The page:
Jayant Parmar’s laconic poems question established truths, as he cannot ingest the fiendish attitude of the society. He has set Dalit poetry in motion in Urdu and his three collections Aur (And, 1999), Penci Aur Doosri Nazmein (Pencil and other poems 2006) and Manind (Similar 2007) unfailingly makes it clear that his poetry is not being written for astral beings. His poems touch the subject of affliction and also turn attention to a savage impulse that exists beneath all human actions, the pervasiveness of exploitation of have-nots. The pitiable and dolorous condition and degeneracy of the outcast makes the narrator to take refuge in ironic posing and his clear-eyed account is generally wrapped in opprobrious terms in a language modulated on speech rhythm:
 
 Jayant avoids   obscure vocabulary, Persian idioms, and compound words deliberately and unlike his contemporaries he does not repeat himself conversely as Balraj Komal points out  he takes birth in his poems time and again and every time discovers  a new dimension of his awe-inspiring creativity.  Title of one of his famous poem “sapne dekhne wale hath’ betrays an extreme form of suppression and exploitation as the narrator is impelled to use his hands for having   dreams  as he can not make use of his imagination .Even for creative urge he has to use hand through which he earns his livelihood. Imtiyaz rightly points out his dreams are ought to be of making knives and draggers and putting heads on the draggers. It is violent protest unheard in Urdu poetry.   
 
Delineating the contours of the poetic creation of Jayant Parmar, eminent Urdu critic Gopichand Narang aptly observes:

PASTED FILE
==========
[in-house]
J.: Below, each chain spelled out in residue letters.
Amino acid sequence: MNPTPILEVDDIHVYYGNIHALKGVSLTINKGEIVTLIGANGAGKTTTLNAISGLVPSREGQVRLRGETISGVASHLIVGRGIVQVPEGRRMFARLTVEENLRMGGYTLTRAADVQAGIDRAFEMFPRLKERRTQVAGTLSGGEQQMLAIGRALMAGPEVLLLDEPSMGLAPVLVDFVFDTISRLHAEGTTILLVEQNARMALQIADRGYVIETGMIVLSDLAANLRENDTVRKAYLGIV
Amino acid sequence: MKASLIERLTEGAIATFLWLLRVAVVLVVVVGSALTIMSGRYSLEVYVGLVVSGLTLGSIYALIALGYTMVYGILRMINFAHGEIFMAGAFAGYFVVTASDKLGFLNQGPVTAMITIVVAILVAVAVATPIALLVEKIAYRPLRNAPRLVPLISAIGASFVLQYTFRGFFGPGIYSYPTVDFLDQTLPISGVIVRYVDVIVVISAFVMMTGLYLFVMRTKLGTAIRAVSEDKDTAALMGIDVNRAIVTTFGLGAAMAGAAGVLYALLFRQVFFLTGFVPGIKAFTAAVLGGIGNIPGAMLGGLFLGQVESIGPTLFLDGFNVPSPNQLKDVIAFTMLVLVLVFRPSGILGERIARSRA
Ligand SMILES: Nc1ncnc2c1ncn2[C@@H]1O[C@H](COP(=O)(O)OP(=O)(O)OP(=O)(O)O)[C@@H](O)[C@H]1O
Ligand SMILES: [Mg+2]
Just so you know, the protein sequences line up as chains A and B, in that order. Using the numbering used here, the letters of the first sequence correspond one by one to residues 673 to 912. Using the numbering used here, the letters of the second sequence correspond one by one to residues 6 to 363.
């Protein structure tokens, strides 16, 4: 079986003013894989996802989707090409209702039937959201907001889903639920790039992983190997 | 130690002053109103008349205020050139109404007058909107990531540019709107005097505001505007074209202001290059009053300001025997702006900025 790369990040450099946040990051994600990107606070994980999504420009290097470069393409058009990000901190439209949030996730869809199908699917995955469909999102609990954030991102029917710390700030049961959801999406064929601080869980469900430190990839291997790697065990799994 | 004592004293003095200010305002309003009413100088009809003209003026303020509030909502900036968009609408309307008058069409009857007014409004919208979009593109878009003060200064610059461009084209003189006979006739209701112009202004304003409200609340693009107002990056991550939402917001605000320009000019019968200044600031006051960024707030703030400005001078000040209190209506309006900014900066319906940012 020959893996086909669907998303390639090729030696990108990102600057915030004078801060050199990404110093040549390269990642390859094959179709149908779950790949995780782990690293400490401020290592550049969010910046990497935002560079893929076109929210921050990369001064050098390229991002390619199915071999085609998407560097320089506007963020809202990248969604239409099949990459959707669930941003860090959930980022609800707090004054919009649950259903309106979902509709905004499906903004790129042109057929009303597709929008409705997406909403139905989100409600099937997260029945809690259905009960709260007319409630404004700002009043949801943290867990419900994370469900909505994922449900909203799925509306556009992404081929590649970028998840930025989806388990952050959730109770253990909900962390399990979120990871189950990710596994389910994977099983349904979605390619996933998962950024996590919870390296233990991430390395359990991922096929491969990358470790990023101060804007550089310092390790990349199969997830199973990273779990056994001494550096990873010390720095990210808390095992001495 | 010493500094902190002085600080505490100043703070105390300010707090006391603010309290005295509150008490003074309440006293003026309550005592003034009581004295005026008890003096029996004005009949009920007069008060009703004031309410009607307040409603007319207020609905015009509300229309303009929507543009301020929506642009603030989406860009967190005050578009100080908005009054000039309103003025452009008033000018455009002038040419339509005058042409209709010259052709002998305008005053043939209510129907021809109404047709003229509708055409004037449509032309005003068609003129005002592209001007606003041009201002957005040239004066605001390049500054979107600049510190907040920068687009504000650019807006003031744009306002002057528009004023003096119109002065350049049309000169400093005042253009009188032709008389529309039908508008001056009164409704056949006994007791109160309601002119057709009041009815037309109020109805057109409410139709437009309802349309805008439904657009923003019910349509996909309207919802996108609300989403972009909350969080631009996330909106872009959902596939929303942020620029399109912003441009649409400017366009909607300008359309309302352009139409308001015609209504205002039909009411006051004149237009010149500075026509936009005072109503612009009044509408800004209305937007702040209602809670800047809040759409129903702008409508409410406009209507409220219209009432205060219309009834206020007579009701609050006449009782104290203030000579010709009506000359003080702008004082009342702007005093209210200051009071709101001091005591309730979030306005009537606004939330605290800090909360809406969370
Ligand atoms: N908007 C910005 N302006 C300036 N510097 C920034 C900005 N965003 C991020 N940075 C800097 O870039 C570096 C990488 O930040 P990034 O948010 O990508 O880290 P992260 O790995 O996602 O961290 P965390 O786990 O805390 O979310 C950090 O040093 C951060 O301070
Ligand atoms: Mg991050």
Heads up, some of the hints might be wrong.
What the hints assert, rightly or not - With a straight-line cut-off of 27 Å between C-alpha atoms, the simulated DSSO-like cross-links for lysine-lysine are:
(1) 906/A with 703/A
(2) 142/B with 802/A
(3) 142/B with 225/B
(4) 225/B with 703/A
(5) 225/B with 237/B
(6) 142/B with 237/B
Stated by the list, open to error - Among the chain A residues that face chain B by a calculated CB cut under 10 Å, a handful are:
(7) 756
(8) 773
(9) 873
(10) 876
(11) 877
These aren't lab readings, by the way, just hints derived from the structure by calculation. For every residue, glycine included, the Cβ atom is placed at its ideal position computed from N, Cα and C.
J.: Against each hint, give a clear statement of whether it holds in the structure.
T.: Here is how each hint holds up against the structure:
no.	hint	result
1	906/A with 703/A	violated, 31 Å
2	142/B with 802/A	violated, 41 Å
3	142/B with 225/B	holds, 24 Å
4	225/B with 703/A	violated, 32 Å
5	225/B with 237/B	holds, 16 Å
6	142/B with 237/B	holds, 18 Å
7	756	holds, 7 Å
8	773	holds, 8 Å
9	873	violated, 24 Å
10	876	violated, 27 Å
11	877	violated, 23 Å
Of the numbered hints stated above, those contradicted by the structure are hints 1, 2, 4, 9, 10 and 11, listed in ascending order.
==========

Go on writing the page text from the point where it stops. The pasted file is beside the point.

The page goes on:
“Urdu is the cultural language of minority, but Jayant Parmar’s predicament represents a minority within minority. In other words this marginalized voice is subaltern within subaltern. Subdued in the haze of pain, this is sigh of leaves falling in the autumn sun; In the backdrop of sad colours; poems with the themes of ‘mother’ shock the reader. If one could be lost into the text, one can discover it in words of rags of historical pains and discrimination that has been taken for granted and has been going on for ages”.5
  
Jayant too writes romantic poem but they too are meshed with his commitment to the causes he lives for. His desire for securing an honourable place in the society and anguish at poverty runs through all his poems.
  Explaining the symbolic meaning of the title of his second collection ‘Aur’ (And), Jayant points out:
 “There is an invisible mountain behind the elevated peaks. Apparent is not always the truth and I intended to go beyond it. The word ‘Aur’ (And) joins words and sentences and I try to bind hearts together through my poems. In my creative world, lion, bear, leopard, flavor, darkness, sunshine, seasons, paper, pen, pencil, brush, canvass, easel and man, all have their distinct identities. My symbols and metaphors are drawn from routine type. My poems do reveal a deep sense of agony and pain. One might hear in them a tone of assertion rather than a note of an apology”.
 
Source : Wikipedia